Fighting Patriots, as told by the coaches, players, managers, trainers, administration, band, majorettes and opponents, the first three years of Homewood football chronicles the events and sacrifice by three years of athletes and the entire team. The first year of the school's existence in 1972 began in the old middle school before mid-year when they moved into a brand new, state-of-the-art high school in the Birmingham, Alabama suburb of Homewood.
A twenty-three year old head coach, Alvin Bresler, of Sullivan-Beasley-Bresler-Schmalz fame at Auburn University came to the new school with a new way of coaching, a ‘new school’ approach that surprised everyone in the era of Bear Bryant - Shug Jordan football etiquette.
Within three years Bresler had built a program where all 42 of the players on the team played and contributed meaningful roles to the complete team effort. The ultimate goal in 1974 was to win the 4A State Championship, despite general consensus it could never be done against the state powerhouses in the third year as a program. It had never been done before, not even close.
With 26 seniors, and a few standout players, the mad skills displayed by all the players were underestimated by opponents and coaches throughout the region. There was a balance on offense, a tenacity on defense and a finesse on special teams that was built on a foundation of toughness instilled through a strong off-season program.
A three year starter and future All-SEC player at The University of Alabama, Murray Legg was the starting quarterback for all three years. He threw 15 touchdown passes and ran for 800 yards his senior season. “The quintessential coach's son. His father Bill Legg was a football coach at Shades Valley High School from 1956 through 1967. Like Ray Powell, Murray was at the games watching; not just one player, but all of the positions. He was at the practices, the summer camps, hanging out with the players as a six, seven, eight year old. To say this had an impact on his life is an understatement. By the time he got to Homewood Junior High he was not only the best player on the 9th Grade football team, he was the best athlete on the basketball team and for the Fighting Patriots he was a coach-on-the-field from the very first year. By the third year he was calling his own plays much of the time. For the other players he was the leader, the go-to person for all things football. He knew everyone’s assignments and how to adjust those for specific situations.”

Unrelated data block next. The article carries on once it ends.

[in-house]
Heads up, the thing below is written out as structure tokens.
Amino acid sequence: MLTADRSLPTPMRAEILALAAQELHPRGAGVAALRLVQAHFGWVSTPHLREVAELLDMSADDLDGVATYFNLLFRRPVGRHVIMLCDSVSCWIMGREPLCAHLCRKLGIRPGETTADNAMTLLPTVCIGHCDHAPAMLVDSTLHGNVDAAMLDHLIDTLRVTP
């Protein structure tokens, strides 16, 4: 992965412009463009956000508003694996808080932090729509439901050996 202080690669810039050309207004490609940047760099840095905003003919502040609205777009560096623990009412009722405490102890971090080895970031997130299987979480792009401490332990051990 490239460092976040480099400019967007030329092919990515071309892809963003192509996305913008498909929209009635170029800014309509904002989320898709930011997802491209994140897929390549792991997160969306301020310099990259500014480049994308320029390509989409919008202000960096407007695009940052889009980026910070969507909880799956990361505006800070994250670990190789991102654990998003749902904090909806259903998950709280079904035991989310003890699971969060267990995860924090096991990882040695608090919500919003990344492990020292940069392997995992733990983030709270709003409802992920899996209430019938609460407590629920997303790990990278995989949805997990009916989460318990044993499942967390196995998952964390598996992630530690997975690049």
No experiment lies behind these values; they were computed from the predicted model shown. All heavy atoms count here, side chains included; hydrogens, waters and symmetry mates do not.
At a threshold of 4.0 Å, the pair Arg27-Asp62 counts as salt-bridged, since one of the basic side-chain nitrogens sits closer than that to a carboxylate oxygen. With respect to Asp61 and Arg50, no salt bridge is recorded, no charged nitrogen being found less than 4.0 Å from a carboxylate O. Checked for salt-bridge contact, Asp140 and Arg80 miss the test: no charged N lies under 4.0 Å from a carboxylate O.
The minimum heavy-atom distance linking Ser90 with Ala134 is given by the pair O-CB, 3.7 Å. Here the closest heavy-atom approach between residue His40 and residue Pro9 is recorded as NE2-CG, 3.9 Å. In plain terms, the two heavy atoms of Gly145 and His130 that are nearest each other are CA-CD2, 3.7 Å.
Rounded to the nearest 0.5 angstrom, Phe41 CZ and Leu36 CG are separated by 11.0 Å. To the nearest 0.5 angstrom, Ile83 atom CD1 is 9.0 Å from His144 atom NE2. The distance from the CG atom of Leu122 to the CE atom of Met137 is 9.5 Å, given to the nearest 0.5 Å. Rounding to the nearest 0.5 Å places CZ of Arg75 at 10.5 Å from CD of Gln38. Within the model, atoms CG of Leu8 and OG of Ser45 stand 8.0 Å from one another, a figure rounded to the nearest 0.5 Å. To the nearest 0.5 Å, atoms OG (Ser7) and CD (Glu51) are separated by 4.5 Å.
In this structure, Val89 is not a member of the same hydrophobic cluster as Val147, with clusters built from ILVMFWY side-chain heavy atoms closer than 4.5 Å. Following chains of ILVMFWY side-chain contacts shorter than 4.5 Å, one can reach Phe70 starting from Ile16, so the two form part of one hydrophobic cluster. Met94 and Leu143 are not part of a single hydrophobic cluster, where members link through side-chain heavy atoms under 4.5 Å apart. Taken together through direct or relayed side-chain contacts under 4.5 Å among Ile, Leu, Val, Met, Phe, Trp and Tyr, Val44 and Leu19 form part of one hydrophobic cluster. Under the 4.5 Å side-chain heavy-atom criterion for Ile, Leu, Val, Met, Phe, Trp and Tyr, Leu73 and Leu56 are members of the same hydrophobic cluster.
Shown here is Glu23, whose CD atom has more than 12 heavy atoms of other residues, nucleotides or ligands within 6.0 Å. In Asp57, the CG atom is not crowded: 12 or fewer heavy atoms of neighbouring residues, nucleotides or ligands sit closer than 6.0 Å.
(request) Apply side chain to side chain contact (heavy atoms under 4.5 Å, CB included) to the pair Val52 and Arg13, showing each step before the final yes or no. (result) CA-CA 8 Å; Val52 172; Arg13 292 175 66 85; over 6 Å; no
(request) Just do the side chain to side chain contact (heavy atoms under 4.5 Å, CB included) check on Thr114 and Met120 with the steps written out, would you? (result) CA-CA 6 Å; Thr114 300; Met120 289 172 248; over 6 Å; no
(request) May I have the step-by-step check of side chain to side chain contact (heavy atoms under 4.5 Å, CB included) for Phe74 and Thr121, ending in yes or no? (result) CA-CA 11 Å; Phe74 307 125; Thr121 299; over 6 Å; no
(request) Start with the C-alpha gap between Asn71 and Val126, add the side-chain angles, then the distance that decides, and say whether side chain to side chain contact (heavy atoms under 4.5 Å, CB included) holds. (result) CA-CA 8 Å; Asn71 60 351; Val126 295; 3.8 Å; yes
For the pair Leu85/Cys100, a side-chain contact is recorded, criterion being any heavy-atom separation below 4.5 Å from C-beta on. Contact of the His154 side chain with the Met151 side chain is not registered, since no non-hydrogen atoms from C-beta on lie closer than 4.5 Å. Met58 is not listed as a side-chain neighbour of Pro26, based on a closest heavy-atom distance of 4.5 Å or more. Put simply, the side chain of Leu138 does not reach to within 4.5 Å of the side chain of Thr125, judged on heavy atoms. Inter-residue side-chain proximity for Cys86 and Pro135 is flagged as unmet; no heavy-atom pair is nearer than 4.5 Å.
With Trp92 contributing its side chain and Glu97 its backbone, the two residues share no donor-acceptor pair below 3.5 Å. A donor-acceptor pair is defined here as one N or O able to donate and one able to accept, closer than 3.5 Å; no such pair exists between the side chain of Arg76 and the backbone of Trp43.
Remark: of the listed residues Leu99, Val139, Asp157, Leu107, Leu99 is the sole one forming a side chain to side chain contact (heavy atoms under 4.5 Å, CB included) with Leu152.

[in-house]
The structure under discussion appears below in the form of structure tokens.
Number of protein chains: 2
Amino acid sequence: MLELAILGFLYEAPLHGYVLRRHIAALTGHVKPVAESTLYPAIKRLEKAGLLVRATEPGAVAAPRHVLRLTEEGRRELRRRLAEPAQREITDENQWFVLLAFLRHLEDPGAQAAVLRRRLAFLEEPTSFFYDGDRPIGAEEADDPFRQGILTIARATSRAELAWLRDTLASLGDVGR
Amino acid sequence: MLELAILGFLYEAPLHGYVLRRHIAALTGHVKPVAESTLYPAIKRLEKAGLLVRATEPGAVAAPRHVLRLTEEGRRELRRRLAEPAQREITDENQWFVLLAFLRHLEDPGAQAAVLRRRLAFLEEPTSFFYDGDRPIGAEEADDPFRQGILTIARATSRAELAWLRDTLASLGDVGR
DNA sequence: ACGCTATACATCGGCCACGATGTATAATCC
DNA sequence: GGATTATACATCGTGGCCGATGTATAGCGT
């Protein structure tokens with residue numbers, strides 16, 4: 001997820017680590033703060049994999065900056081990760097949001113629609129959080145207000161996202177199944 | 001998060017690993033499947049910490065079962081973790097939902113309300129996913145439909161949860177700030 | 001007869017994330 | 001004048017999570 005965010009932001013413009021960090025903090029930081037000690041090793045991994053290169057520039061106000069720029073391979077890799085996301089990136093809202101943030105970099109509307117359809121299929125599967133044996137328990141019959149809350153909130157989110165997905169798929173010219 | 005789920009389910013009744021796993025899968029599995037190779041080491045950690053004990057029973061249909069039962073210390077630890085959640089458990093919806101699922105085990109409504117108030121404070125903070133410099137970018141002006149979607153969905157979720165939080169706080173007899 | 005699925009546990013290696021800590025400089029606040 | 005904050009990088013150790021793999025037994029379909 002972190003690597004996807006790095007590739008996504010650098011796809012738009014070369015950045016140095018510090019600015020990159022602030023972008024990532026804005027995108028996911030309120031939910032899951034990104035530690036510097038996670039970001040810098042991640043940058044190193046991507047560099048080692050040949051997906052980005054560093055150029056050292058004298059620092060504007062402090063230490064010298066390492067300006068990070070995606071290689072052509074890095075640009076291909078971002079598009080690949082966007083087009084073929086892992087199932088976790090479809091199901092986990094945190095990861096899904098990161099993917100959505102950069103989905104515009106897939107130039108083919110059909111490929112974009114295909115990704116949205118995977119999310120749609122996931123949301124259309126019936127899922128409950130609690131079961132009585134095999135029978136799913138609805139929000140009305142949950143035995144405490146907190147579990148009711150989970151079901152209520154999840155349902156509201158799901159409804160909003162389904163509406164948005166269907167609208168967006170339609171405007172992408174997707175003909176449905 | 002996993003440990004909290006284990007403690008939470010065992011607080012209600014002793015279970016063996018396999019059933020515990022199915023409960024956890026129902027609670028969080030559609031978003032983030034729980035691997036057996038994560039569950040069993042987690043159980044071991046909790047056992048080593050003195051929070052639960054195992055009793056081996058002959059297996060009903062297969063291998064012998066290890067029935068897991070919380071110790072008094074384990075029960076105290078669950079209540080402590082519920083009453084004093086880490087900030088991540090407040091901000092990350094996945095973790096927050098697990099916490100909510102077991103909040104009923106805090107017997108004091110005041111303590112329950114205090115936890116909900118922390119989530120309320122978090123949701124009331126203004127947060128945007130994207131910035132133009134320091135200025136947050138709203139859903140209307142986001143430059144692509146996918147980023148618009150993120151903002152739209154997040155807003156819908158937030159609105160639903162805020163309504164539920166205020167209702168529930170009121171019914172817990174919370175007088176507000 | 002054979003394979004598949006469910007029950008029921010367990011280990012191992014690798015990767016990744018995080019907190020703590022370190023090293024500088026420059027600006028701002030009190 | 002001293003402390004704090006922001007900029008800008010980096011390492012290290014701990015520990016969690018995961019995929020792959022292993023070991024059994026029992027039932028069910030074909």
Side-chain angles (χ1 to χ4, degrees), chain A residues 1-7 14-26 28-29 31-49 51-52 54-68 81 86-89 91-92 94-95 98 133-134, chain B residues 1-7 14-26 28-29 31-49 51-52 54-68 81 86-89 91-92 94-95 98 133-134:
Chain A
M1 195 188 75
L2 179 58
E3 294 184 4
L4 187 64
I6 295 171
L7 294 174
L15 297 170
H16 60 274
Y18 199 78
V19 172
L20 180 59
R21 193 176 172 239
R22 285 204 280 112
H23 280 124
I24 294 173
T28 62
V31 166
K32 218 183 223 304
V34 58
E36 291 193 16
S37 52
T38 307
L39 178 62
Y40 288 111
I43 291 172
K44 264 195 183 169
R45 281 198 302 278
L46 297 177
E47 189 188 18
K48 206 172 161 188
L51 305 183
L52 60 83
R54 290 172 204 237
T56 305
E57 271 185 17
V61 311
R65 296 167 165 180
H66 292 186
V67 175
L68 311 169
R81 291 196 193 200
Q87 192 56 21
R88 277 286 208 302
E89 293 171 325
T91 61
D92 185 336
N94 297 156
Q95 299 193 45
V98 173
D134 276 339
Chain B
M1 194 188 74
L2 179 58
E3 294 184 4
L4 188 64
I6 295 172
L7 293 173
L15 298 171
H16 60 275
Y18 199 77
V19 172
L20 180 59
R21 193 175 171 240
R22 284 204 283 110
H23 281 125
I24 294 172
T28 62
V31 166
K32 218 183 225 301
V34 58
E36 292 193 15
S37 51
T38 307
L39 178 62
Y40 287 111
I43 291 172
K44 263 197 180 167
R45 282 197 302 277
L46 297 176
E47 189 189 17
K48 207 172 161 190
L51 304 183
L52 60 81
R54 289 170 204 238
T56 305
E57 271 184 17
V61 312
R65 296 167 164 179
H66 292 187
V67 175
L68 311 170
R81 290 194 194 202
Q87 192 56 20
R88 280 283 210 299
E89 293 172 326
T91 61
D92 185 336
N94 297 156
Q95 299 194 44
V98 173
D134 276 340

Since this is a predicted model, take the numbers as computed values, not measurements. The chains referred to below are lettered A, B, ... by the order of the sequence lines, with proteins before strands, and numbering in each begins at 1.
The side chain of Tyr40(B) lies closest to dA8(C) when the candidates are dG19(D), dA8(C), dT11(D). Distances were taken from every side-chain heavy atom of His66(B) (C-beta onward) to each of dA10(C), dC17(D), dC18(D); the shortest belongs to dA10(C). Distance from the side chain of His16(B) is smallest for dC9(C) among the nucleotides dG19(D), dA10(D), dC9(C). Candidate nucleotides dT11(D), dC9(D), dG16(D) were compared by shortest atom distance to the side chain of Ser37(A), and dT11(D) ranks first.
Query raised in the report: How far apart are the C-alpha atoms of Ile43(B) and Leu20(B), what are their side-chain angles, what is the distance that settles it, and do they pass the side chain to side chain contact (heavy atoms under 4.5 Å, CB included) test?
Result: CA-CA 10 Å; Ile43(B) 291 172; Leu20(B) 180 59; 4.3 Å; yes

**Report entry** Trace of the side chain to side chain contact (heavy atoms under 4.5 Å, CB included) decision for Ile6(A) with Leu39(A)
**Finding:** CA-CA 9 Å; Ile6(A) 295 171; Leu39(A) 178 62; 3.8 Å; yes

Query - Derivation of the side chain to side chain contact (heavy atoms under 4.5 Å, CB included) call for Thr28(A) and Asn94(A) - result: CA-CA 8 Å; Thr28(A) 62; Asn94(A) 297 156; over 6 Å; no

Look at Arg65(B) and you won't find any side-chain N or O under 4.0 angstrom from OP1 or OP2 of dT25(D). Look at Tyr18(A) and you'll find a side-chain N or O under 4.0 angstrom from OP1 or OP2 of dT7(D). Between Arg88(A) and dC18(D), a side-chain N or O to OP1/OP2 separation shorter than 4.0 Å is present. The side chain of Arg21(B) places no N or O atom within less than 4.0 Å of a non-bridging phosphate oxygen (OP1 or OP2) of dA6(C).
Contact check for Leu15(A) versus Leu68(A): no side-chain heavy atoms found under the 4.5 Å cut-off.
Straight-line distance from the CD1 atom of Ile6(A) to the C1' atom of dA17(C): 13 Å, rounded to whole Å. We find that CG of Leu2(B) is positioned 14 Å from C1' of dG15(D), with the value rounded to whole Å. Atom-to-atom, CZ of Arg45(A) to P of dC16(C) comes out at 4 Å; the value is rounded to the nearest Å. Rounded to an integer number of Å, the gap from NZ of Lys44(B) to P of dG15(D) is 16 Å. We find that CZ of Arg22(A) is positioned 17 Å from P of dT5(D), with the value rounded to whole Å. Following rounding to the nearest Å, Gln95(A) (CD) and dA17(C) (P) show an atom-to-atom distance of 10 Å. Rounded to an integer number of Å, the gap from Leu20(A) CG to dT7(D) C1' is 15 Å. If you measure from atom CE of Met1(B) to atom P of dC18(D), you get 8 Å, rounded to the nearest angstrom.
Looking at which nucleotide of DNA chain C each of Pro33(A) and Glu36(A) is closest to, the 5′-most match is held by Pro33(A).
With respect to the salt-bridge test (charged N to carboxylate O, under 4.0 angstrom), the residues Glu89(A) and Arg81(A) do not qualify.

On the defensive side of the ball was Rick Powers, “The son of a Woodlawn football player, Rick was a linebacker in the truest sense of the word. A nose for the football, the speed to get there before anyone else and the strength to deliver a hit on a running back that was the envy of Homewood players and the opposition as well. “With Legg on offense and Powers on defense we knew we could win any game we played,” said Wade Kirkpatrick, someone who had played football with both of these guys since they were in the third grade.”
The secondary was led by Mark Robbins. “A hard working achiever, Mark became a two-way starter his junior year in ‘74. He was the best performing receiver and a regular target for long touchdown passes from Legg. It was on defense where he surprised his coaches with 10 interceptions for the season, a record that stands today. Bresler said, “Mark was a junior on the 1974 team, but played like a senior. He was the only player that started both ways all year: a wide receiver on offense and strong safety on defense and a true playmaker at both positions. I was extremely happy to see him sign a football scholarship to my alma mater, Auburn University in 1975.”